Wednesday, May 16, 2018

Giving Back: A Tent Weight tutorial for Vendors and Outdoor Enthusiasts

After nine years of working the local Farmers Markets and outdoor shows, Terry and I have seen it all.  As we have evolved as vendors over the years with our tent set up, so have Farmers Market managers.  The days of using large pieces of iron, gallon jugs of sand, barbell weights and other heavy items tied to a tent to hold it down are numbered, now that market managers are encouraging vendors to properly weight down their tents and to conform to a more uniform standard.  More and more market managers are enforcing this standard and have gone from encouraging it to making it mandatory.

Many vendors have moved to weight bags as a solution, and although there are many ways to accomplish this, some have drawbacks.  For example, filling weight bags with sand seems like a great idea in theory, and we have done this ourselves.  However, we have learned over time that this is not the best long-term strategy.  Bare sand in a weight bag eventually causes friction against the sewn seams, and after a year of use, the sand begins working its way through the bag eventually eroding the seams, causing a hole and sand leakage. In addition, rain causes wet sandbags. Couple this with the friction and they create dust and grit which permeate the bags making them dirty to handle and problematic when placed in your clean vehicle for transport.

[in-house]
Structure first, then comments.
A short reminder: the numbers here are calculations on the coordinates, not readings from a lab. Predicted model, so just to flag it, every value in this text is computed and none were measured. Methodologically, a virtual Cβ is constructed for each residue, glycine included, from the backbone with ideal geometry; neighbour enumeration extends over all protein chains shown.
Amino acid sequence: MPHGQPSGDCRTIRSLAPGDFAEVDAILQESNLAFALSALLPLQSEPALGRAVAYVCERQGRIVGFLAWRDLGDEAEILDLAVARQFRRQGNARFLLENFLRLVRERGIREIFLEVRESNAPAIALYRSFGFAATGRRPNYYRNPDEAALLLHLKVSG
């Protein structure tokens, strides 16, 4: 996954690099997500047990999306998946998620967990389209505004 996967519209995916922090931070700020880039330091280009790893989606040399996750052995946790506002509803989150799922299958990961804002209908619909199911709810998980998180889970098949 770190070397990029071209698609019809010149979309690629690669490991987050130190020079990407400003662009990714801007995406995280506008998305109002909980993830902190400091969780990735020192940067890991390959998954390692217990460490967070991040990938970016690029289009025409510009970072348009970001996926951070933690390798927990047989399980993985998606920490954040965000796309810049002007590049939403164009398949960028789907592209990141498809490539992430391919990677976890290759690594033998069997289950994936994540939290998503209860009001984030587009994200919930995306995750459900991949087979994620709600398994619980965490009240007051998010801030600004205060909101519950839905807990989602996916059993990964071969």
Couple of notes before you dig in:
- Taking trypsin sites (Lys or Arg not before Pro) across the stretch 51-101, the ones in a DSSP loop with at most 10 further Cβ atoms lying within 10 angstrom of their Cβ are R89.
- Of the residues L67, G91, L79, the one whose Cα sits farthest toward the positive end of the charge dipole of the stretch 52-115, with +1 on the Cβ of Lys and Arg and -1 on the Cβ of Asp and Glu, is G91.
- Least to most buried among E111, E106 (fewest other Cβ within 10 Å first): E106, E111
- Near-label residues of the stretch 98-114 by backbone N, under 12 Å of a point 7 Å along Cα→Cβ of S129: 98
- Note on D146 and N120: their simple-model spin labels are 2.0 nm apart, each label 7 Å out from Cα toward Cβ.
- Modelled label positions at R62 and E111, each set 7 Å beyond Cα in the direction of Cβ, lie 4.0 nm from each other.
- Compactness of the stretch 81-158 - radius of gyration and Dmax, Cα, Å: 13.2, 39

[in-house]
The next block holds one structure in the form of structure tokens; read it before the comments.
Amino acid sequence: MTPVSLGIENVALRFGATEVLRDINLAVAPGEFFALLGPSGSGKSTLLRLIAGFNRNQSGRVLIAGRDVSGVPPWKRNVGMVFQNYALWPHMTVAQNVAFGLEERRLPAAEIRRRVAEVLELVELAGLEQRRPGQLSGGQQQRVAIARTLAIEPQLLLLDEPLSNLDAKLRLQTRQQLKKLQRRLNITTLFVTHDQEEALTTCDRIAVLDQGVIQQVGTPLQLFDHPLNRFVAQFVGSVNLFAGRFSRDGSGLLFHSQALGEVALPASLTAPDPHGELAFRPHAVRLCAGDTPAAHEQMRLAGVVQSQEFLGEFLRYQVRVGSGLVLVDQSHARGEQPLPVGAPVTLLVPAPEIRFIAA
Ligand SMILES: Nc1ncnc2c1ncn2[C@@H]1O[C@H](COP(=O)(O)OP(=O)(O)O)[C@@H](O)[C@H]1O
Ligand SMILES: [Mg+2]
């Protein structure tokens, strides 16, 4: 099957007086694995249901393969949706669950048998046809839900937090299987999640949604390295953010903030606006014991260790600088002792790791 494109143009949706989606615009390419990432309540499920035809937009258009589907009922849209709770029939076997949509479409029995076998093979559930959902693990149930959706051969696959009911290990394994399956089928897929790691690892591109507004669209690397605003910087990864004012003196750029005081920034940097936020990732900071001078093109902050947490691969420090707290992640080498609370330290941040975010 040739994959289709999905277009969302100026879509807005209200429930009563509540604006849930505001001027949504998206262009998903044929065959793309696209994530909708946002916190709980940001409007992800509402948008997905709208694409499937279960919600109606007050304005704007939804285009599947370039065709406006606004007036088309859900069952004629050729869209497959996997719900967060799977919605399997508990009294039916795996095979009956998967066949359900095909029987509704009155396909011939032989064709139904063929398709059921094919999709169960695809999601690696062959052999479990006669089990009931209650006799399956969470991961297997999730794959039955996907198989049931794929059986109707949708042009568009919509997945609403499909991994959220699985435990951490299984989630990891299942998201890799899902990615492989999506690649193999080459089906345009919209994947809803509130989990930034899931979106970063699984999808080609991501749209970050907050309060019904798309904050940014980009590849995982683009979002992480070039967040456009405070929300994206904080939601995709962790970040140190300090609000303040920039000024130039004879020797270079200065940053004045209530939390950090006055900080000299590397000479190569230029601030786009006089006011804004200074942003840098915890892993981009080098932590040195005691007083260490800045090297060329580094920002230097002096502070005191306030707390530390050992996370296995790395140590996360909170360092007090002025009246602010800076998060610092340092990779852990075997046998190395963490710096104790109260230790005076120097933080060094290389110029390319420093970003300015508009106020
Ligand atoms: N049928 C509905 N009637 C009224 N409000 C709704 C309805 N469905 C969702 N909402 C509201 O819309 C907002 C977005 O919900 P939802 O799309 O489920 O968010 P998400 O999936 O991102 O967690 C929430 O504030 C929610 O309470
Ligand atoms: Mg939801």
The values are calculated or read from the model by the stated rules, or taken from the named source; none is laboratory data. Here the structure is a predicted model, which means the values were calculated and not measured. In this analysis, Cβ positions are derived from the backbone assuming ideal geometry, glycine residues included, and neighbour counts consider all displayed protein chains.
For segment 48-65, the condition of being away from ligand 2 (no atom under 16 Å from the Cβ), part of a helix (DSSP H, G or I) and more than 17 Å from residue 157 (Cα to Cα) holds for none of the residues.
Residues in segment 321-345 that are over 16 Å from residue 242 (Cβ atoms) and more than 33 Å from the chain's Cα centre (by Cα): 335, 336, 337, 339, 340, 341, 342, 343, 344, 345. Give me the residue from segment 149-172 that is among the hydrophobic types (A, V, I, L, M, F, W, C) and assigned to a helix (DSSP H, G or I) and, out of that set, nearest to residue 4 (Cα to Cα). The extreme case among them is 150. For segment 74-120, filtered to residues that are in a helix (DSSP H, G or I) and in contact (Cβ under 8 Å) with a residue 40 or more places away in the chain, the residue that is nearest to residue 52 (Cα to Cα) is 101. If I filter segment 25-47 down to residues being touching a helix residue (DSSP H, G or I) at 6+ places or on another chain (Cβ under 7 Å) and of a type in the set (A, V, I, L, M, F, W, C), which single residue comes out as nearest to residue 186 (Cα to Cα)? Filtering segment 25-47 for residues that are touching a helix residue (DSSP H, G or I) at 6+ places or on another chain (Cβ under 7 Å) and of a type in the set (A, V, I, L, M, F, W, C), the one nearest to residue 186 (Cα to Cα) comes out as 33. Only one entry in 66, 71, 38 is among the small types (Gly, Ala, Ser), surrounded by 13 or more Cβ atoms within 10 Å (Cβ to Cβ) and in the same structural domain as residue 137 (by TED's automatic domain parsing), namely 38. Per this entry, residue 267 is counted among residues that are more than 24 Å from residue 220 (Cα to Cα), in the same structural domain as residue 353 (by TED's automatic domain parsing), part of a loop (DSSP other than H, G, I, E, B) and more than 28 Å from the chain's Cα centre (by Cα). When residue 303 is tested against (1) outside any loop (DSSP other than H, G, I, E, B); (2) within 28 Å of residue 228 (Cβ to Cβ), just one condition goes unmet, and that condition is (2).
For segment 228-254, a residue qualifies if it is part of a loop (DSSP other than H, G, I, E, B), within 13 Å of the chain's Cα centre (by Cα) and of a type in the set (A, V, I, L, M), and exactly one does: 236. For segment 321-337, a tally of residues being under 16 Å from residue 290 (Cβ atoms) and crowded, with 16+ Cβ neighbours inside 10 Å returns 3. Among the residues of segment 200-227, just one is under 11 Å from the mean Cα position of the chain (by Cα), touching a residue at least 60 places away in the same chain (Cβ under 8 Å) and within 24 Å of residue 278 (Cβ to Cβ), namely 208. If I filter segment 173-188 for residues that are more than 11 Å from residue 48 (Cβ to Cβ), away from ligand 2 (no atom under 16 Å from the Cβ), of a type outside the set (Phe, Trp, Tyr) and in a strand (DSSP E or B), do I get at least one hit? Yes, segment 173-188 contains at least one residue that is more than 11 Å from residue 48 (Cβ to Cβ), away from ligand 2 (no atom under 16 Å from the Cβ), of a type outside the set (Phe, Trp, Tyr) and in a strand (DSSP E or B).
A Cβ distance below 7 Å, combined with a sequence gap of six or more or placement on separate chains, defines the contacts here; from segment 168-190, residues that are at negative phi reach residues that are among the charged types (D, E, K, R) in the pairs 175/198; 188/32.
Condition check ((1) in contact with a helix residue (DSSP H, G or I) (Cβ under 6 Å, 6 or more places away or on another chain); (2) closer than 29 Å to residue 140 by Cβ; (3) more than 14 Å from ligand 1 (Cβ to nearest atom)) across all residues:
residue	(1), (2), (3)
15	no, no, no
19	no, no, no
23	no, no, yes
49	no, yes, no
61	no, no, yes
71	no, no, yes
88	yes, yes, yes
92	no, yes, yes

We also tried the novel idea of filling empty 2-liter bottles with sand and placing them in the weight bags.  This worked very well for a while until the sand eventually broke through the thin walls of the plastic bottles into the weight bags, taking us back to square one.  Eventually, we came across vendors who had a hardware store make weights for their tent bags which solved these problems.  Their bags remained clean on both outside and inside and lasted for years of service.  Last year we had weights made by a local hardware store, which were great, but the cost of labor and materials was pretty steep.  Tent weights for us are somewhat of a capital expense, and since I had to get a new set made for our second tent, I determined to do the labor myself, saving about $65 doing so.  In order to give back to our fellow vendors (and anyone else who uses an outdoor canopy often), I’m gonna give you instruction on how to make these yourself and save money.

What you need (Materials):

4 tent weight bags - offers a huge selection of zipper or velcro lined bags as low as $19 for a set of four, each with a two weight compartment. We prefer velcro over metal zippers which can rust.

One 10 foot section of 3” PVC Pipe (around $20) – I found 2-foot lengths of PVC pipe at our local Home Depot for around $5.50 each.  Since each of my weight bag’s compartments accommodate the length of one foot plus the end caps, this worked out well.  You will need 8 pieces of PVC pipe to outfit your weight bags so you can cut two-foot sections in half yourself, cut the larger pipe into suitable lengths or have an associate cut them for you (which I did). Note: While 3” thickness is standard, your bags may accommodate a wider or thinner width of pipe, so choose accordingly.